The structural mechanisms by which receptor tyrosine kinases (RTKs) regulate catalytic activity are diverse and often based on subtle changes in conformational dynamics. The regulatory mechanism of one such RTK, fibroblast growth factor receptor 2 (FGFR2) kinase, is still unknown, as the numerous crystal structures of the unphosphorylated and phosphorylated forms of the kinase domains show no apparent structural change that could explain how phosphorylation could enable catalytic activity. In this study, we use several enhanced sampling molecular dynamics (MD) methods to elucidate the structural changes to the kinase’s activation loop that occur upon phosphorylation. We show that phosphorylation favors inward motion of Arg664, while simultaneously favoring outward motion of Leu665 and Pro666. The latter structural change enables the substrate to bind leading to its resultant phosphorylation. Inward motion of Arg664 allows it to interact with the γ-phosphate of ATP as well as the substrate tyrosine. We show that this stabilizes the tyrosine and primes it for the catalytic phosphotransfer, and it may lower the activation barrier of the phosphotransfer reaction. Our work demonstrates the value of including dynamic information gleaned from computer simulation in deciphering RTK regulatory function.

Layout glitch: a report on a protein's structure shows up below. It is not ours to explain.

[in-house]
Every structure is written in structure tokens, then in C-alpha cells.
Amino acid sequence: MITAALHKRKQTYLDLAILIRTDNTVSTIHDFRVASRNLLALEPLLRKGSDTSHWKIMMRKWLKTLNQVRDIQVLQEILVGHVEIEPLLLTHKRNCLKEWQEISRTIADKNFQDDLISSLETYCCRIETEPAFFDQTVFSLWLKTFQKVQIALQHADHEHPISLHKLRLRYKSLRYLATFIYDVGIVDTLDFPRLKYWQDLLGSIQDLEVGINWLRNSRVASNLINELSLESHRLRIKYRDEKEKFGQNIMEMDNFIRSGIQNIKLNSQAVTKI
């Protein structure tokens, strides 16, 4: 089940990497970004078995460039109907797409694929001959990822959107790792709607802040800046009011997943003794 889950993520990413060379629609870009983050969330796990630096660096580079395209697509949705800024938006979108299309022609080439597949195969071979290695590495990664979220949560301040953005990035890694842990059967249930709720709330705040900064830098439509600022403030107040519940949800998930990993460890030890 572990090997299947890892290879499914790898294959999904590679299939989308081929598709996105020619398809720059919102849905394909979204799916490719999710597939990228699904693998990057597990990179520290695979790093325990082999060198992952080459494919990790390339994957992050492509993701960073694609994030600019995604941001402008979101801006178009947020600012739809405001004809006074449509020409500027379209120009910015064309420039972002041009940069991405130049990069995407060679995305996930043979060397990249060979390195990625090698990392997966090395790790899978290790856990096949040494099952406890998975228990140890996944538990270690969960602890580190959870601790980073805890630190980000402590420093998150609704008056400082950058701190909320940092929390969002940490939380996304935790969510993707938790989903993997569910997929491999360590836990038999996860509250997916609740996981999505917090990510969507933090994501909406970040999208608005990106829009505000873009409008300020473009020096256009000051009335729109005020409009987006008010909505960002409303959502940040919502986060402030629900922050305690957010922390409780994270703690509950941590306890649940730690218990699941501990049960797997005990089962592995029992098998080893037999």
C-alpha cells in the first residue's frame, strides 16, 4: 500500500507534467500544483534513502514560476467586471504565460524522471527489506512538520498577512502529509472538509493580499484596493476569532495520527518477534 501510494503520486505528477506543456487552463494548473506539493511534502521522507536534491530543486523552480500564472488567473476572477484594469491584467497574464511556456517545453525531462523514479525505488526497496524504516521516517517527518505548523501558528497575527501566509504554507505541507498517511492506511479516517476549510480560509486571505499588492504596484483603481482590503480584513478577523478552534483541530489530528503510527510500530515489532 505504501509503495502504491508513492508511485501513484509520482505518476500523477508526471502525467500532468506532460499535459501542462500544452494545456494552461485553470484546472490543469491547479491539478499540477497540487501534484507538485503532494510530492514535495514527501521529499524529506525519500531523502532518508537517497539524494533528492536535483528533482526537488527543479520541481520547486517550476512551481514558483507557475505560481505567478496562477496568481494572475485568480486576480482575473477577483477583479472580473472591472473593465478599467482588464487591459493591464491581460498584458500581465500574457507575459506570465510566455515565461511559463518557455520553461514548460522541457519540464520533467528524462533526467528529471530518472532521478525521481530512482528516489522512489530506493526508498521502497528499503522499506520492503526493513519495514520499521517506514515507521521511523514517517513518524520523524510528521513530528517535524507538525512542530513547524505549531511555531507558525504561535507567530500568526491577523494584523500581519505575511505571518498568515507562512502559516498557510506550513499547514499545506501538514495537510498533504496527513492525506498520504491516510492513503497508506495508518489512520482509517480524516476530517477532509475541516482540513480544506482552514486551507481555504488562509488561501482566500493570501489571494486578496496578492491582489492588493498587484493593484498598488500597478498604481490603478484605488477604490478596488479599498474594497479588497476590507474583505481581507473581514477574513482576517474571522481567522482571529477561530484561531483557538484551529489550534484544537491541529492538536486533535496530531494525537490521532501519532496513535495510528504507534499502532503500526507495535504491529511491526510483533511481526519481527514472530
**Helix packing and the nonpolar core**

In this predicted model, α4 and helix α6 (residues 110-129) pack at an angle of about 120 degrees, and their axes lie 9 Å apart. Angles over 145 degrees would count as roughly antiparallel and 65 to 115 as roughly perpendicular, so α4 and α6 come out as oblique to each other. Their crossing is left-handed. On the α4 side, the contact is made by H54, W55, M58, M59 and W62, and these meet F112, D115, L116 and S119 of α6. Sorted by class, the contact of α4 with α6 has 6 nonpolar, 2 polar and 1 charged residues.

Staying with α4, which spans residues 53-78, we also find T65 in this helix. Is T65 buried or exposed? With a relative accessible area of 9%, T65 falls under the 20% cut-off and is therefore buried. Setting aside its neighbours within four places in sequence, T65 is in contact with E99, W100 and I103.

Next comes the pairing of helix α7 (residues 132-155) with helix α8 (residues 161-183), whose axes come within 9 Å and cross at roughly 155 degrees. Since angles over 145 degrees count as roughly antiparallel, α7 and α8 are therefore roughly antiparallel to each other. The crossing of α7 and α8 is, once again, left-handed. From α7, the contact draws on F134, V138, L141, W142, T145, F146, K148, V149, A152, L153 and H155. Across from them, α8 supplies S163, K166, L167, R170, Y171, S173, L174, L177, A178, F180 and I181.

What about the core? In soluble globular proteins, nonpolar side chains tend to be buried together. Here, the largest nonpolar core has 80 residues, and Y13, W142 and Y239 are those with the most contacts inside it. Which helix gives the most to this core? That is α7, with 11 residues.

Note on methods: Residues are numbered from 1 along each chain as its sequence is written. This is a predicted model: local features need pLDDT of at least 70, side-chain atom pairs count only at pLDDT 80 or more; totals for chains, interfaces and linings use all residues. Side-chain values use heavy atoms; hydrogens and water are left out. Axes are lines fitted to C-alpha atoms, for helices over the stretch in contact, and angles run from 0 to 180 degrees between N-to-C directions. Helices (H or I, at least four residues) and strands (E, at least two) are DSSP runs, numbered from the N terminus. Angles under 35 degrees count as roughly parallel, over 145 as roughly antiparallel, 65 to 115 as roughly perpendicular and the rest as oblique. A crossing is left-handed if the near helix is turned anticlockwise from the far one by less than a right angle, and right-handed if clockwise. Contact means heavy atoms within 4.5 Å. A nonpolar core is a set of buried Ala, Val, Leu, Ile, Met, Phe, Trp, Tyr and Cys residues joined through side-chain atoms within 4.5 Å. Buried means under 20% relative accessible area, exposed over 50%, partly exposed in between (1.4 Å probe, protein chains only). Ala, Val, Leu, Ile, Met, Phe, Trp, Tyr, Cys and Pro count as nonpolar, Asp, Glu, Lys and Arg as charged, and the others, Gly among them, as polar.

ASJC Scopus subject areas
- Ecology, Evolution, Behavior and Systematics
- Modeling and Simulation
- Molecular Biology
- Cellular and Molecular Neuroscience
- Computational Theory and Mathematics